This document is part of the Ocean Girl Archive — Last update: 2010-02-25 — sourcemeta

Source: Scan, Frontier Magazine, issue 7, page 10
Author:George Ivanoff
Copyright:Archiving permitted by author

Ocean travels

As “Ocean Girl” moves into its fourth season, George Ivanoff paid them a visit.

The fourth series of “Ocean Girl” is coming and in keeping with the progression of the previous three series, it has an even greater SF content.

In Series 1 (13 episodes) we were introduced to Jason (David Hoflin), Brett (Jeffrey Walker) and the other residents of ORCA, an underwater research establishment, and also to Neri (Marzena Godecki), the mysterious “Ocean Girl” of the title who swims like a fish, telepathically communicates with a humpback whale named Charlie and lives on a deserted island.

In Series 2 (13 episodes) we discover that Neri is in fact an alien from The Planet of Oceans, and that she has a younger sister named Mera (Lauren Hewett), who is also living on Earth.

In Series 3 (26 episodes) Neri, Jason and Brett find the spaceship in which Neri came to Earth and aboard it they discover Kal (Jeremy Angerson), a boy from Neri’s planet who has been kept alive in suspended animation. Neri also discovers that part of her mission on Earth is to locate the nine pieces of the Synchronium, a powerful device sent to Earth 20 years earlier and designed to return harmony to the oceans.

The fourth series, currently in production, begins with the mysterious appearance of an underwater Pyramid close to Neri’s island home. This is the beginning of a very SF driven story in which the true nature of Neri’s mission to Earth is revealed. The Planet of Oceans is dying, its waters choked by a red viral tide. The inhabitants’ only chance of survival is to emigrate to Earth, a planet they have had contact with since the days of the Egyptian Pharaohs. It is Neri’s mission to use the power of the underwater pyramid to prepare for the emigration.

The peaceful move to Earth, however, is threatened by the renegade Malakat (George Henare) who is planning to melt the polar ice-caps and then launch an invasion. Events are further complicated by the intervention of PRAXIS, an international organisation charged with alien investigation. Setting up their base of operations at the ORCA research establishment, it soon becomes clear that they will use any means necessary to repel the alien threat.

Episodes 1–13 of the new series are being directed by Mark DeFriest and episodes 14–26 by Colin Budds. These directors both worked on Series 3 with the same arrangement, while Mark DeFriest also worked on Series 1 and 2.

Executive and Creative Producer for the series is Jonathan M. Shiff, head of Jonathan M. Shiff Productions. “Ocean Girl” is based on a concept conceived, researched and developed by Jonathan and his staff. He and his company have produced a number of children’s series including “Kelly”, “Kelly 2”, “Secret Animals” and “RAW”, a teenage magazine series commissioned by the Transport Accident Commission. Combining live action and animation the “RAW” segments have won awards in numerous festivals worldwide including the 1995 Melbourne International Film Festival, 1995 Sydney International Film Festival and the 1994 Uppsala International Short Film Festival (Sweden).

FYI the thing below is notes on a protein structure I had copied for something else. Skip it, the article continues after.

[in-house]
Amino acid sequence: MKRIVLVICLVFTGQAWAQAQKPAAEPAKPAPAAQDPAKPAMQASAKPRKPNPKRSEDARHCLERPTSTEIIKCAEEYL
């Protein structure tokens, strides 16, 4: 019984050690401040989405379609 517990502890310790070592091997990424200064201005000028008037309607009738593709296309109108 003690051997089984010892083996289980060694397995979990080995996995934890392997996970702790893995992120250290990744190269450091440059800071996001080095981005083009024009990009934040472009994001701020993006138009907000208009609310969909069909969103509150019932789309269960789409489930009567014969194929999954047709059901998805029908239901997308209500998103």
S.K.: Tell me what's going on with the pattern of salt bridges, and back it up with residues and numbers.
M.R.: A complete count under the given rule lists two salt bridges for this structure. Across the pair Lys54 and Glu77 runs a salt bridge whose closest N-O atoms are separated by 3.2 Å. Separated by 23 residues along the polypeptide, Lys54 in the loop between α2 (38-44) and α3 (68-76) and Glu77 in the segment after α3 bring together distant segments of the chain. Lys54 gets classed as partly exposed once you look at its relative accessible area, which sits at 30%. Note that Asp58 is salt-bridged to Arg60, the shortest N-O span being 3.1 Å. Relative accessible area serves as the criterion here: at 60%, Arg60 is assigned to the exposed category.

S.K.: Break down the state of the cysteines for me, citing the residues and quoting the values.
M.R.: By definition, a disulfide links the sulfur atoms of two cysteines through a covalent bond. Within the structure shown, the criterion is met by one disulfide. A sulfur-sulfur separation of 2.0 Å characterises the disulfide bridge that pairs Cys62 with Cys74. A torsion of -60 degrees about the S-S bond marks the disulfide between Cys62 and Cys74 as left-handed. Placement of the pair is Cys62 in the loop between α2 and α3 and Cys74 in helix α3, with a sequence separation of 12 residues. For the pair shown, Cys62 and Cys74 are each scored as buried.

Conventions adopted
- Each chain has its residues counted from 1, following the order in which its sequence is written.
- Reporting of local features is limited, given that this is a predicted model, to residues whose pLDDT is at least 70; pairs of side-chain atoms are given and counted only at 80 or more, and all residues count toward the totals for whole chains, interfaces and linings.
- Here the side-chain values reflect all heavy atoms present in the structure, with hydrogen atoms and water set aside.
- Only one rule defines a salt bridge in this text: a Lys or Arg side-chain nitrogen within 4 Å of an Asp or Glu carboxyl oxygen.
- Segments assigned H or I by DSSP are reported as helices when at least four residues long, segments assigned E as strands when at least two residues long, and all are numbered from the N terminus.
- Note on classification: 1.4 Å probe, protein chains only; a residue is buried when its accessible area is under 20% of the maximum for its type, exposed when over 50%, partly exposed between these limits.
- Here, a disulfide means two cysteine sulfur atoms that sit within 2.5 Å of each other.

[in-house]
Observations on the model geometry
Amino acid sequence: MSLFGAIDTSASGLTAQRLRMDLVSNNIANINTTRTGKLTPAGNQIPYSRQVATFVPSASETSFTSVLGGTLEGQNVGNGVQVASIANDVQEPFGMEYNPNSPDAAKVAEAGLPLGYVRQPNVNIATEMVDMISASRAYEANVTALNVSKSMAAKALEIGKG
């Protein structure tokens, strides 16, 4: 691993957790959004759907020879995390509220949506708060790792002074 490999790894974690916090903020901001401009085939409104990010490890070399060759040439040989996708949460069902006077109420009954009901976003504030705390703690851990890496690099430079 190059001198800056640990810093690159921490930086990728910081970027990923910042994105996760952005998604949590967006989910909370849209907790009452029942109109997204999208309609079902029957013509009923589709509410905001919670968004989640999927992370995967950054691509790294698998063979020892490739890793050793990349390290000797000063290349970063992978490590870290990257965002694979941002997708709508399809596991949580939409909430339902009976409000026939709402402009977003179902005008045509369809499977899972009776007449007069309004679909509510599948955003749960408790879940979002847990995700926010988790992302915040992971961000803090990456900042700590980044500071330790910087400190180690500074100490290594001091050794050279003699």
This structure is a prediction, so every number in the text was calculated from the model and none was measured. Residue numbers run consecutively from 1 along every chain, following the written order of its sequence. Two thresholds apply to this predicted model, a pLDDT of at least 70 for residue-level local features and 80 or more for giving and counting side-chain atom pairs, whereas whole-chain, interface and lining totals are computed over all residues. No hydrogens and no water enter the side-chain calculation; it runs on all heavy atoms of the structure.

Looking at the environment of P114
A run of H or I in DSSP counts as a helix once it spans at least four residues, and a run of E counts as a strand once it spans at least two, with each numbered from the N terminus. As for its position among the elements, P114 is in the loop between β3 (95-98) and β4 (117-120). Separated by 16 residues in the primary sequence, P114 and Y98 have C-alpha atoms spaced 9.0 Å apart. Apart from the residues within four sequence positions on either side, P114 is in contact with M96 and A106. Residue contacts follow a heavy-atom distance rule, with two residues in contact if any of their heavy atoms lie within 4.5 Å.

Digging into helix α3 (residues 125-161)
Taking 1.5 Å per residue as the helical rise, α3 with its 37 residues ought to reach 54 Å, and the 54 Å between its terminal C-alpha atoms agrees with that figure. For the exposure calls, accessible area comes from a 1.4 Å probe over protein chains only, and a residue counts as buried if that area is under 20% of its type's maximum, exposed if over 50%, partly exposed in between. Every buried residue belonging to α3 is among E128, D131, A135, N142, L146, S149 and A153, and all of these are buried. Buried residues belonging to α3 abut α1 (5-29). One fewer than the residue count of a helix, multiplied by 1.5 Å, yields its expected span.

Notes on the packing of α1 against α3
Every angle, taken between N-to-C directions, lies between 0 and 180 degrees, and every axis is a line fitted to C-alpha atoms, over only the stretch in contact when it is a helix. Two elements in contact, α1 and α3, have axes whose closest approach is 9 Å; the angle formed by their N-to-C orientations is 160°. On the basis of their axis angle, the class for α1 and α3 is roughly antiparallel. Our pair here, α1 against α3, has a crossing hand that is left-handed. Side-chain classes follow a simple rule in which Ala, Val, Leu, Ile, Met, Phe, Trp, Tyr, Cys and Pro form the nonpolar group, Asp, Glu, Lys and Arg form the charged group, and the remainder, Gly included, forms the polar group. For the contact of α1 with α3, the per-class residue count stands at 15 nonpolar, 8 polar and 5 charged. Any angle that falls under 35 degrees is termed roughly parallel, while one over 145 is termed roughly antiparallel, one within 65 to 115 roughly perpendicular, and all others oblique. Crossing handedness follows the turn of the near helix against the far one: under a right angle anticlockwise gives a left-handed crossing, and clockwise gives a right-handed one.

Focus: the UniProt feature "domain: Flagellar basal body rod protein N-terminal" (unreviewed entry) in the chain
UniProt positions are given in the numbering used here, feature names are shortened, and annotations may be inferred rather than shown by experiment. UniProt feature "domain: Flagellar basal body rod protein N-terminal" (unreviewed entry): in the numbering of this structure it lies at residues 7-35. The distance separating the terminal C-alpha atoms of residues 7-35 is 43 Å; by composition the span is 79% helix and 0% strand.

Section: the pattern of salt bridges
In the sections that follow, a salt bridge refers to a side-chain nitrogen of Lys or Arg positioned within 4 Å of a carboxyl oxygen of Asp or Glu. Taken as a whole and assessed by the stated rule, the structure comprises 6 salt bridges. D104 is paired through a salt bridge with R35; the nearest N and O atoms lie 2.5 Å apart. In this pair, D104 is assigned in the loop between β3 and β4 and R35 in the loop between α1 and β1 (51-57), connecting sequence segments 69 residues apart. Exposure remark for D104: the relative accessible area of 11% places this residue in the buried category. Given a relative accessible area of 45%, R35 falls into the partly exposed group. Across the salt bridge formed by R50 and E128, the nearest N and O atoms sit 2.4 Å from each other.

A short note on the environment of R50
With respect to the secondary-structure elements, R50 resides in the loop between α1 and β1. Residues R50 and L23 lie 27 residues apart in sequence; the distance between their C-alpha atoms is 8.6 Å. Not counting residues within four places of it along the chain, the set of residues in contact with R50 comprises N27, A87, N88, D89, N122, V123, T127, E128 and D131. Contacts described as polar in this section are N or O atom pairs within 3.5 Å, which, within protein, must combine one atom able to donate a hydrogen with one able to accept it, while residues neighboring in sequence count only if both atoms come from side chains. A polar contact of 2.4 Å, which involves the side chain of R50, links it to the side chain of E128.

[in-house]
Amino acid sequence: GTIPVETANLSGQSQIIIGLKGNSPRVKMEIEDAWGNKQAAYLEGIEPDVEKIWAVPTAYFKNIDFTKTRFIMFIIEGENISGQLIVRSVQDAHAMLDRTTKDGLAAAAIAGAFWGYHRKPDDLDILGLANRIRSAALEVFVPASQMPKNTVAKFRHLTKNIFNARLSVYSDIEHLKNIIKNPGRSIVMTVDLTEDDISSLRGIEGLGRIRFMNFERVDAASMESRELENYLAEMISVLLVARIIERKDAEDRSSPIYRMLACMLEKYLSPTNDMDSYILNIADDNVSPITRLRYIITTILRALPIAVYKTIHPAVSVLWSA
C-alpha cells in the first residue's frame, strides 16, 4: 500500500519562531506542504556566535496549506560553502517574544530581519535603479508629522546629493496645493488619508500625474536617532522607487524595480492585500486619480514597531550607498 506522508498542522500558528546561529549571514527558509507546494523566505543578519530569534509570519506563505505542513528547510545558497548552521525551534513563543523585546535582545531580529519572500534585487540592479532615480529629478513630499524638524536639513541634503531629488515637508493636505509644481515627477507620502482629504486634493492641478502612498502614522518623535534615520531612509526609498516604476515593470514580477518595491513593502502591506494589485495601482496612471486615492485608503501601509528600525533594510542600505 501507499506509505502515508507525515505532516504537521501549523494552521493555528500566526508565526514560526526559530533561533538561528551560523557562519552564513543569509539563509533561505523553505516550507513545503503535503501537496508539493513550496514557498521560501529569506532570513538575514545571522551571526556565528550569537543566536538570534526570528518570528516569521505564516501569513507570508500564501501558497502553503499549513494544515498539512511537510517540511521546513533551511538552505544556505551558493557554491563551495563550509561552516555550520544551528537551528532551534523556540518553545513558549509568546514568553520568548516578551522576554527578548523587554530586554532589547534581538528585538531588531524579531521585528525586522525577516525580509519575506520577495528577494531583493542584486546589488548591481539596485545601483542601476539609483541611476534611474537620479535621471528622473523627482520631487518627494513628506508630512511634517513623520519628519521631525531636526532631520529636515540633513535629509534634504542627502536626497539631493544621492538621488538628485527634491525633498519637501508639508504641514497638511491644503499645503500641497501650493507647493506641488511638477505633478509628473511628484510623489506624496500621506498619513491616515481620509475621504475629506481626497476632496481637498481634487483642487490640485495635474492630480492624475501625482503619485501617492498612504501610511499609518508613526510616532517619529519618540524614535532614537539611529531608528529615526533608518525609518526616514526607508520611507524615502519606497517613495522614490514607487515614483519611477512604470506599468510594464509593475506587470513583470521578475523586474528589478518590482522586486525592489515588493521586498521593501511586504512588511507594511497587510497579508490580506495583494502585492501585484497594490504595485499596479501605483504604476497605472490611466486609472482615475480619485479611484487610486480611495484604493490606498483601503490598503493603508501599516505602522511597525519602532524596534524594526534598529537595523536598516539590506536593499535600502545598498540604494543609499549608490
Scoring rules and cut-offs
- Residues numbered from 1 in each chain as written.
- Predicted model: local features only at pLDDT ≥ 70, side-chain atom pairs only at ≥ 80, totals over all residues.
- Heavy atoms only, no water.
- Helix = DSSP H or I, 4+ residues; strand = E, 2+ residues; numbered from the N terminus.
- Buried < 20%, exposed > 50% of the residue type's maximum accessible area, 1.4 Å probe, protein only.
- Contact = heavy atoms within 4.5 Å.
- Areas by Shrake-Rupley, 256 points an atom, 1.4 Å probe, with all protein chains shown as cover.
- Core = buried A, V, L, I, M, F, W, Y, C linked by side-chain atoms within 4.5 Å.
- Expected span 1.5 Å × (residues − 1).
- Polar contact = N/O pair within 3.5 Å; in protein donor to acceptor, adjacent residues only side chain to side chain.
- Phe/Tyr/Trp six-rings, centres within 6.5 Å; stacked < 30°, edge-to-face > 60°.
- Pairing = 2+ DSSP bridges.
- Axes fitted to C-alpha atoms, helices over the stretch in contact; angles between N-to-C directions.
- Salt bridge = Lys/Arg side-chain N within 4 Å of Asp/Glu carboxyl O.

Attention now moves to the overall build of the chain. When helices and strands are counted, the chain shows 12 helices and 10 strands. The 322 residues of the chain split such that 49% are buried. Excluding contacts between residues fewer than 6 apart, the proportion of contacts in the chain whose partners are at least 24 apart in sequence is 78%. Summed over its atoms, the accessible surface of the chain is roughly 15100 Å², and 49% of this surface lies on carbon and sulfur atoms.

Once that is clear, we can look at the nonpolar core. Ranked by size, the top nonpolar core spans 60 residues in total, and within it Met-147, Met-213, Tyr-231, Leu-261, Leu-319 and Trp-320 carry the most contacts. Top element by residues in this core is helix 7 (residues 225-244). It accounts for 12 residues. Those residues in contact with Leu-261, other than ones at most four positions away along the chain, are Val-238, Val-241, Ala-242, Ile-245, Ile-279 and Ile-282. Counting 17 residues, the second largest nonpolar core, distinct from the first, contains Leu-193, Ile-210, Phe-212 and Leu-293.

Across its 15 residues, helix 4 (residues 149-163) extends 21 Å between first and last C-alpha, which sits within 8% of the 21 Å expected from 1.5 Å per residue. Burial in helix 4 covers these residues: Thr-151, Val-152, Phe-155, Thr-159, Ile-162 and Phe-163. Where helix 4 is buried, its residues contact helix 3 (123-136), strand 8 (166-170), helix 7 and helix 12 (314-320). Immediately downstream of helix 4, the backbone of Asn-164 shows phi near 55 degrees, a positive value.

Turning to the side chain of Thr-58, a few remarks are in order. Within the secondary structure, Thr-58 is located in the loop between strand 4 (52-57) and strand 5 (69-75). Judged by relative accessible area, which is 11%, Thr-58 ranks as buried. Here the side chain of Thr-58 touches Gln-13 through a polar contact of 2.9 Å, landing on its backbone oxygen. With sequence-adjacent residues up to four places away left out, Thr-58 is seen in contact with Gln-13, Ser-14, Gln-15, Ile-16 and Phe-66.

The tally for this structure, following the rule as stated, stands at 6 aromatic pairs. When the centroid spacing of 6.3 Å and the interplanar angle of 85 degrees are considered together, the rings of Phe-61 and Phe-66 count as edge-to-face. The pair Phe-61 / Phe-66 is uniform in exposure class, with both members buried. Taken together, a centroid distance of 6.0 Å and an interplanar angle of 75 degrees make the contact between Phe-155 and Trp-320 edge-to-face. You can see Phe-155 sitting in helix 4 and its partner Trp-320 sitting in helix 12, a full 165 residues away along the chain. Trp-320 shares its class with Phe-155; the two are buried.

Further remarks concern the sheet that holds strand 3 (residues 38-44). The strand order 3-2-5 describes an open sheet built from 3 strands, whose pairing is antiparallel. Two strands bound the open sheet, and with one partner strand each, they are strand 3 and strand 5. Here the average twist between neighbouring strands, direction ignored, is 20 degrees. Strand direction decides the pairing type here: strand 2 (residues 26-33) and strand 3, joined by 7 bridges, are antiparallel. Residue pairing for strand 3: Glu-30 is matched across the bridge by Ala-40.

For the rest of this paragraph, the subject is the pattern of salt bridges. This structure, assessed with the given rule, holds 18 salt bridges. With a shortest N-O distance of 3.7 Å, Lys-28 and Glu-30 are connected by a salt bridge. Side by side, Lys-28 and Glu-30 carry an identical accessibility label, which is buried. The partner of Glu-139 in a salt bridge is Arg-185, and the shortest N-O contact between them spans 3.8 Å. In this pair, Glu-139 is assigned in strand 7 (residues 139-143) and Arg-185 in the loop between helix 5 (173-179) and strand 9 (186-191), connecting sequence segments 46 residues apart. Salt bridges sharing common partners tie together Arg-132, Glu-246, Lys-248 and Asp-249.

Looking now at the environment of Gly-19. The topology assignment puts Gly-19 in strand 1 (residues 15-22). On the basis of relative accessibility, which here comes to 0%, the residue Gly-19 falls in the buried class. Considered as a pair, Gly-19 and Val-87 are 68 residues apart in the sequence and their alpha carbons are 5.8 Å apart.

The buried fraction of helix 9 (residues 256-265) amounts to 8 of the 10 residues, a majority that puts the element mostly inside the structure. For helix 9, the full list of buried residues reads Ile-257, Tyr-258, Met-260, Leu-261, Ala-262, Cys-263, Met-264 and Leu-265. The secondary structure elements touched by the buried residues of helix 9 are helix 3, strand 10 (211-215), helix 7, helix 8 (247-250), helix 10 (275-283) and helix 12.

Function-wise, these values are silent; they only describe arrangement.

Jonathan, formerly a practising Solicitor, holds a Graduate Diploma in Applied Film and Television from the Swinburne Film and Television School, and has worked on a number of productions including “Carson’s Law”.

Series 4 will be the first series of “Ocean Girl” without Story Editor Peter Hepworth, who conceived and developed the storyline for the first three series. His shoes have been filled by Keith Aberdein.

Location filming for “Ocean Girl” takes place in Port Douglas, Queensland, while interiors are shot in Victoria. It has a fairly substantial budget for an Australian series ($7.8 million was spent on Series 3), with much of that going on special effects. One of the major effects is the life-size section of a humpback whale constructed by Robotechnology at the Warner Roadshow Movie World Studios. The 700kg whale is used in open water situations and these shots are then combined with footage of actual humpback whales. Other effects for Series 4 will include ORCA and the underwater pyramid.

As well as screening on the Ten Network in Australia, “Ocean Girl” has had a great deal of success overseas. The series has screened on the BBC, Family Channel in the UK and ZDF in Germany, while Tele Images/ITI distributes the series to French-speaking Europe and French-speaking Africa. Its biggest success, however, has been one the Disney Channel in the USA, where the series has been a number one rating program.

If Series 4 continues the “Ocean Girl” success story, then we’re likely to see Series 5 go into production, which is not only good for the Australian industry but also for Australian followers of quality science fiction.